“Now the mills do not even try to use higher costs as a reason to prevent a price fall. We have bigger and more urgent issues to deal with, and the prices for coil are still high enough to allow [energy] costs to rise,” a Northern European distributor said.
Fastmarkets calculated its daily steel hot-rolled coil index, domestic, exw Northern Europe
at €1,053.75 ($1,234.95) per tonne on September 24, down by €36.15 per tonne week on week and by €87.92 per tonne month on month.
An Italian flat steel producer said that the impact of rising electricity costs might become visible in the start of next year. For now, long-term agreements have limited the impact.
German steel producers Salzgitter and Thyssenkrupp said separately that hedging and self-sufficient processes had minimized the impact.
"At our integrated main site in [Thyssenkrupp] Duisburg, we produce relatively self-sufficiently. Nevertheless, we are indirectly affected by the increase in electricity prices; the prices for the industrial gases we use are linked to electricity prices, for example. At the same time, we have hedging mechanisms in the Group against unexpectedly rising prices, especially gas prices. We are not adjusting or shutting down production due to the increase in electricity and gas prices," Thyssenkrupp’s spokesman said.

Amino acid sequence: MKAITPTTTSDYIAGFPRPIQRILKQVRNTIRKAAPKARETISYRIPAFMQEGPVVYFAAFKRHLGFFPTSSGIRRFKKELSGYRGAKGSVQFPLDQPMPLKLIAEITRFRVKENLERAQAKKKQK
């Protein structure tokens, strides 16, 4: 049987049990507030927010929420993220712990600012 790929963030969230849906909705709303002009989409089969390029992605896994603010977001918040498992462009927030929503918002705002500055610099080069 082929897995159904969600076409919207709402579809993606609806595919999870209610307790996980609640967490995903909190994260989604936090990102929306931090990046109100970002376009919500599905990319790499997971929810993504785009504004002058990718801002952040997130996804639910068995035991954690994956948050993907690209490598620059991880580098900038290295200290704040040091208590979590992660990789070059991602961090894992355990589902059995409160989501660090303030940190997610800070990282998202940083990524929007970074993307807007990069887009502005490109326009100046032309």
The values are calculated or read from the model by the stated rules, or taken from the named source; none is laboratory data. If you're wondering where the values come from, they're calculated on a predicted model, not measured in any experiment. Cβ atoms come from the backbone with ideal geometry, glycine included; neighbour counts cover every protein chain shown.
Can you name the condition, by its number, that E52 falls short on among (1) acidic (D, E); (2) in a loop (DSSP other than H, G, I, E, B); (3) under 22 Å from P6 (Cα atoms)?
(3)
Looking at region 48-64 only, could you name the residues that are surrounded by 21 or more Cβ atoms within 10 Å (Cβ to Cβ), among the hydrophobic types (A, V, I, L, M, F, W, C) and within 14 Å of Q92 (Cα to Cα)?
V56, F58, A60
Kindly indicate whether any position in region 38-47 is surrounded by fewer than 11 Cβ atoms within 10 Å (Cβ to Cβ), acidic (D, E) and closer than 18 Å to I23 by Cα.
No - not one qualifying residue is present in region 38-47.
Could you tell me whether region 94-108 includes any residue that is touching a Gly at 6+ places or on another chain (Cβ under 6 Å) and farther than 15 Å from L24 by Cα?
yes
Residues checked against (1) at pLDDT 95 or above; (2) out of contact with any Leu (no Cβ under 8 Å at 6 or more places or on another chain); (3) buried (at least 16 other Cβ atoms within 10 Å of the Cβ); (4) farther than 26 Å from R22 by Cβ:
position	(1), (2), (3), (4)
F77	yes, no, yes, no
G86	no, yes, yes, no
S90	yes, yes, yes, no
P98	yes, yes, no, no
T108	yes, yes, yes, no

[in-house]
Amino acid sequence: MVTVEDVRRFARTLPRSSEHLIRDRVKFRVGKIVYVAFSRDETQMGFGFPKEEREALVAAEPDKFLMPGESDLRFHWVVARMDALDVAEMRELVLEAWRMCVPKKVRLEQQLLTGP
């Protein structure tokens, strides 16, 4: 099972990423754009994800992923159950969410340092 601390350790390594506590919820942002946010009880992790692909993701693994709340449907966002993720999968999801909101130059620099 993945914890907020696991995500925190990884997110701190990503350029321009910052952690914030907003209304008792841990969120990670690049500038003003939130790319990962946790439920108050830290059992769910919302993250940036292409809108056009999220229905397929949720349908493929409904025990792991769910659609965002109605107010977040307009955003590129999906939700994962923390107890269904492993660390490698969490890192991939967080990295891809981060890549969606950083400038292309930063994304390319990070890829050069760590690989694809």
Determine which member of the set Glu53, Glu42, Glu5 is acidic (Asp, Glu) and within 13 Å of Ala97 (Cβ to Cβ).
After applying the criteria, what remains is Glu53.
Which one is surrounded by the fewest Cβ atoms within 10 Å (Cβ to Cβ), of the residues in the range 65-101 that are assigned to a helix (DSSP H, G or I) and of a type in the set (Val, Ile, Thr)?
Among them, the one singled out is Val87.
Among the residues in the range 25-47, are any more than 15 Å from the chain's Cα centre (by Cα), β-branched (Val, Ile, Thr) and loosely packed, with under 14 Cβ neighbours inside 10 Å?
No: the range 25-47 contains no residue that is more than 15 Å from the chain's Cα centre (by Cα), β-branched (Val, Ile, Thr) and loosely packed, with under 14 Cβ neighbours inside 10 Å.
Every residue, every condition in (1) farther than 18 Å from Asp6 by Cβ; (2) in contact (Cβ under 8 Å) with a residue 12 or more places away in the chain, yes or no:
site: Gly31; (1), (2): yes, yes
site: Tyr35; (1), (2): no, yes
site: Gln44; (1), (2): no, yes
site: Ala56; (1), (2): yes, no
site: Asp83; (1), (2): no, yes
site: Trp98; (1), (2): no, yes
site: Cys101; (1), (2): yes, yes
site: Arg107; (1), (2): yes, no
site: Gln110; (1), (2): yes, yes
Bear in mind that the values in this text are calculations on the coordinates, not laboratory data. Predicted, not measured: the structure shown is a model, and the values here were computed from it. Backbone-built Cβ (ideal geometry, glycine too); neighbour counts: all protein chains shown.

A Salzgitter spokesperson told Fastmarkets that some of its sites were self-sufficient, while other measures were being taken in peak periods at other sites.
“Our subsidiaries in Salzgitter and Mühlheim are 100% self-sufficient from combined gas generation by our own on-site powerplants – Salzgitter Flachstahl and HKM – which use off-gases of the iron and steel production processes. For all other companies within our group, we have requirements secured for years in advance. Therefore, present increases appear with delay, which can have a negative impact on the international competitiveness,” the spokesperson said.
“In Peiner Traeger, our most electricity-consuming location, where steel scrap is recycled by melting scrap in electric arc furnaces, occurring electricity consumption and price peaks on spot market are balanced with a control system in order to limit cost implications – by switching into to stand-by during price peaks,” he added.